Nuclear famine: New IPPNW study shows a billion people at risk

A nuclear war anywhere in the world, using as few as 100 weapons, would disrupt the global climate and agricultural production so severely that the lives of more than a billion people would be at risk, according to research findings released overnight by MAPW's international organisation IPPNWi.

Working with data produced by scientists who have studied the climate effects of a hypothetical nuclear war between India and Pakistan, author Dr. Ira Helfand and a team of experts in agriculture and nutrition determined that plunging temperatures and reduced precipitation in critical farming regions, caused by soot and smoke lofted into the atmosphere by multiple nuclear explosions, would interfere with crop production and affect food availability and prices worldwide.
 
Nuclear Famine: A Billion People at Risk—Global Impacts of Limited Nuclear War on Agriculture, Food Supplies, and Human Nutrition, will be published in peer-reviewed journal Climatic Change. Among its specific findings:
  • There would be a significant decline in middle season rice production in China. During the first 4 years, rice production would decline by an average of 21%; over the next 6 years the decline would average 10%.
  • Corn production in the US would decline by an average of 10% for an entire decade, with the most severe decline (20%) in year 5. Soybean production would decline by about 7%, with the most severe loss, more than 20%, in year 5.
  • Increases in food prices would make food inaccessible to hundreds of millions of the world’s poorest. Even if agricultural markets continued to function normally, 215 million people would be added to the rolls of the malnourished over the course of a decade.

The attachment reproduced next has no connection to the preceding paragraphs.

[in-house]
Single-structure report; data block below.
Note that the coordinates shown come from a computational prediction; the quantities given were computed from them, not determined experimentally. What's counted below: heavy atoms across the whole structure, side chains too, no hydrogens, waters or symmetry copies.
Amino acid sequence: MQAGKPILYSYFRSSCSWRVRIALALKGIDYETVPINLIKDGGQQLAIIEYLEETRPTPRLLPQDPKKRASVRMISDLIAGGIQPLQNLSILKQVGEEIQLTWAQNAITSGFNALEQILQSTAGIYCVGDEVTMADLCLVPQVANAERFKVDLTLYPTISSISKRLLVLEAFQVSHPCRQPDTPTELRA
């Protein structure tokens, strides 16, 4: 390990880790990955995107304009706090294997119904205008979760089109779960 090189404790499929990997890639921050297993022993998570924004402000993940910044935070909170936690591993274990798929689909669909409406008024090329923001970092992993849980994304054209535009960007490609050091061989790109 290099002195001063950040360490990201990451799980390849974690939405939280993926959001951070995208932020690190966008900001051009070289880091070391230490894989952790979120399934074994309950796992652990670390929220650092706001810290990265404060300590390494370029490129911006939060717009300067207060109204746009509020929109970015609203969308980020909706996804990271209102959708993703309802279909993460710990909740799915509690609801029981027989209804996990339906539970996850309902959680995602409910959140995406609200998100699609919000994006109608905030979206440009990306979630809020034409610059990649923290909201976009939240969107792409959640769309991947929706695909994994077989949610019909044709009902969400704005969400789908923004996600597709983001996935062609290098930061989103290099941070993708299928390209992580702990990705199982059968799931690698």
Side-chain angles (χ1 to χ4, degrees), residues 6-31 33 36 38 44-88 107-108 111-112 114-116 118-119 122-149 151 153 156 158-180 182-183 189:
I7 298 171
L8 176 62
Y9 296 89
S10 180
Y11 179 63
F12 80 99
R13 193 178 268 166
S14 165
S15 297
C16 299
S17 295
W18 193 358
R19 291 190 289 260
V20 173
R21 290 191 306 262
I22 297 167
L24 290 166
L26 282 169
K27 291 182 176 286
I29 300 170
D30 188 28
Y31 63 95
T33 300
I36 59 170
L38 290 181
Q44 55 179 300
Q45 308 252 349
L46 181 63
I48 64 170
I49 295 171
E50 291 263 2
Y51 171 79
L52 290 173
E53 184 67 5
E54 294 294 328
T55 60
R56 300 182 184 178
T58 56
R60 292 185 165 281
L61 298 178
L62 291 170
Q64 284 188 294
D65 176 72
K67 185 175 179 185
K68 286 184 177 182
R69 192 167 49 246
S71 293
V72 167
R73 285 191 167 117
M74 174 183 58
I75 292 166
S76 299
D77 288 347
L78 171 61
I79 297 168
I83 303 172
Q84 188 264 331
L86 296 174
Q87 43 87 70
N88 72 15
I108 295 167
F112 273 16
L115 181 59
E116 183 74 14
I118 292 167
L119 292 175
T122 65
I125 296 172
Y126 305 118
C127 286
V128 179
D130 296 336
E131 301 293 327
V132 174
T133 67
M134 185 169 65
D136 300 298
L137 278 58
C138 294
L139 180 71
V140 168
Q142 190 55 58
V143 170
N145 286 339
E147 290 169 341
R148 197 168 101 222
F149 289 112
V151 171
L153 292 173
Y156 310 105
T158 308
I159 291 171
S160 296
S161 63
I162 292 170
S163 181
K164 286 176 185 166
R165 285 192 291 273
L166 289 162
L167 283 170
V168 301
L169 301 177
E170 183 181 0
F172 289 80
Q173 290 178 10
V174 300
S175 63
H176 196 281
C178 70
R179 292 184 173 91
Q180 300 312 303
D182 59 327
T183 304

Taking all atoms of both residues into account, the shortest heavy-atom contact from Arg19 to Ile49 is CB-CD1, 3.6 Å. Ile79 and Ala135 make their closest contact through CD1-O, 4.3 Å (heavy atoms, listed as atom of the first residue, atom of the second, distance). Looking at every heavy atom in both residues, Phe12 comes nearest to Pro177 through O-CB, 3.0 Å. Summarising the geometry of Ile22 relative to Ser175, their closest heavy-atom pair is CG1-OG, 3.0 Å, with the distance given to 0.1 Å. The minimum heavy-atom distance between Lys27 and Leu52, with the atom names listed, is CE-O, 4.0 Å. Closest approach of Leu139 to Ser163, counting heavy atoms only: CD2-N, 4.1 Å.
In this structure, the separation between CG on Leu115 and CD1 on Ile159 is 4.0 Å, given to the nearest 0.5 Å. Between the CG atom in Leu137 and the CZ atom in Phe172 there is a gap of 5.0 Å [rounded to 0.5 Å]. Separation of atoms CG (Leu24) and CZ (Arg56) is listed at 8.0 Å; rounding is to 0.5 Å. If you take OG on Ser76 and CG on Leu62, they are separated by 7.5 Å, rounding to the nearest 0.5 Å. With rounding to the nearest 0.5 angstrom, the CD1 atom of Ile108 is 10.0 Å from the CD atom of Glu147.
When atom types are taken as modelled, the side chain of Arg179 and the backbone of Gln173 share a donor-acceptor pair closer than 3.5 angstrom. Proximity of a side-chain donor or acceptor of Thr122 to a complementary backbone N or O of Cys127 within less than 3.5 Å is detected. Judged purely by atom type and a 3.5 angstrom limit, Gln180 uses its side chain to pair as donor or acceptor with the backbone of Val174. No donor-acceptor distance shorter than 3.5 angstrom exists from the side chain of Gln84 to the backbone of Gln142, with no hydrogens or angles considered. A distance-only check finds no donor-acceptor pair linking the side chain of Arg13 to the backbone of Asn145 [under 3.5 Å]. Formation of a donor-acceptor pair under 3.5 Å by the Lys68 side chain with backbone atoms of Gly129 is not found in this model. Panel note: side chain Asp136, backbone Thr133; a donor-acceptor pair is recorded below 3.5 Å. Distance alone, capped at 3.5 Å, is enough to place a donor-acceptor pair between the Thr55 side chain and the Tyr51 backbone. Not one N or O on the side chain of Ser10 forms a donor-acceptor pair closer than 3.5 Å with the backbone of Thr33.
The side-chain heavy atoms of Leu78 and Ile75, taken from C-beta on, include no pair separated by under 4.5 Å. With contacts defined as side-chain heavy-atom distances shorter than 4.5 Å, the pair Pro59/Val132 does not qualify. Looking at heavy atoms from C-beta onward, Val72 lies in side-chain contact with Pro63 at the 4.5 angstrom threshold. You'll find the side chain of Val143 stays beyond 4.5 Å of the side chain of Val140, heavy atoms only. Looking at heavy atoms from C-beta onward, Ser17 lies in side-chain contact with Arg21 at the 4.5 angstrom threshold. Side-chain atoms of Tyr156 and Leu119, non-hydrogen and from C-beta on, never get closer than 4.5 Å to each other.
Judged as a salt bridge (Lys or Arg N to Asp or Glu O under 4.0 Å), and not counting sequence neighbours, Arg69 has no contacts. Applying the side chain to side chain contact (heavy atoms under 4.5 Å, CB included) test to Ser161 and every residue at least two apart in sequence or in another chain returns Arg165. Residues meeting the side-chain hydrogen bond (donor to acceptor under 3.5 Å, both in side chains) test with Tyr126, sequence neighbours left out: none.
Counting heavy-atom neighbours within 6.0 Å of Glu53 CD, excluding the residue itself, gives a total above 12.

• The 925 million people in the world who are already chronically malnourished would be put at risk by a 10% decline in their food consumption.
  • Significant agricultural shortfalls over an extended period would almost certainly lead to panic and hoarding on an international scale, further reducing accessible food.
MAPW’s spokesperson Assoc/Prof Tilman Ruff says that this new evidence confirms that nuclear war would cause an unprecedented humanitarian disaster. “Australian agriculture would be decimated by a nuclear war anywhere in the world.
 
“This data shows again that no purpose could ever justify use of such weapons. It makes plain the overwhelming need to prevent any use of nuclear weapons, and urgently wind back stockpiles to zero” he said.
 
While the IPPNWi report calls for further research into the effects on additional crops in additional agricultural regions, uthor Dr Ira Helfand said this preliminary study “raises a giant red flag” about the danger of nuclear weapons and the urgency of their elimination.
 
“The deaith of one billion people over a decade would be a disaster unprecedented in human history,” he said. “It would not cause the extinction of the human race, but it would bring an end to modern civilization as we know it.
 
“The danger identified in this report requires a fundamental change in our thinking about nuclear weapons. We must now recognize that it is not just the arsenals of the nuclear super powers that threaten all humanity.  Even the smaller arsenals of emerging nuclear powers like India and Pakistan pose a global threat.”
 
Former Soviet president and founding chairman of Green Cross International, Mikhail Gorbachev, who received an advance briefing on the findings, said he is “convinced that nuclear weapons must be abolished".  “Their use in a military conflict is unthinkable; using them to achieve political objectives is immoral. Over twenty-five years ago, President Ronald Reagan and I ended our summit meeting in Geneva with a joint statement that 'nuclear war cannot be won and must never be fought,' and this new study underscores in stunning and disturbing detail why this is the case and why we must discard Cold War-style plans for the possible use of these weapons and move rapidly to eliminating them from the world's arsenals."       

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REPORT AVAILABLE:  on this website, or at  www.ippnw.org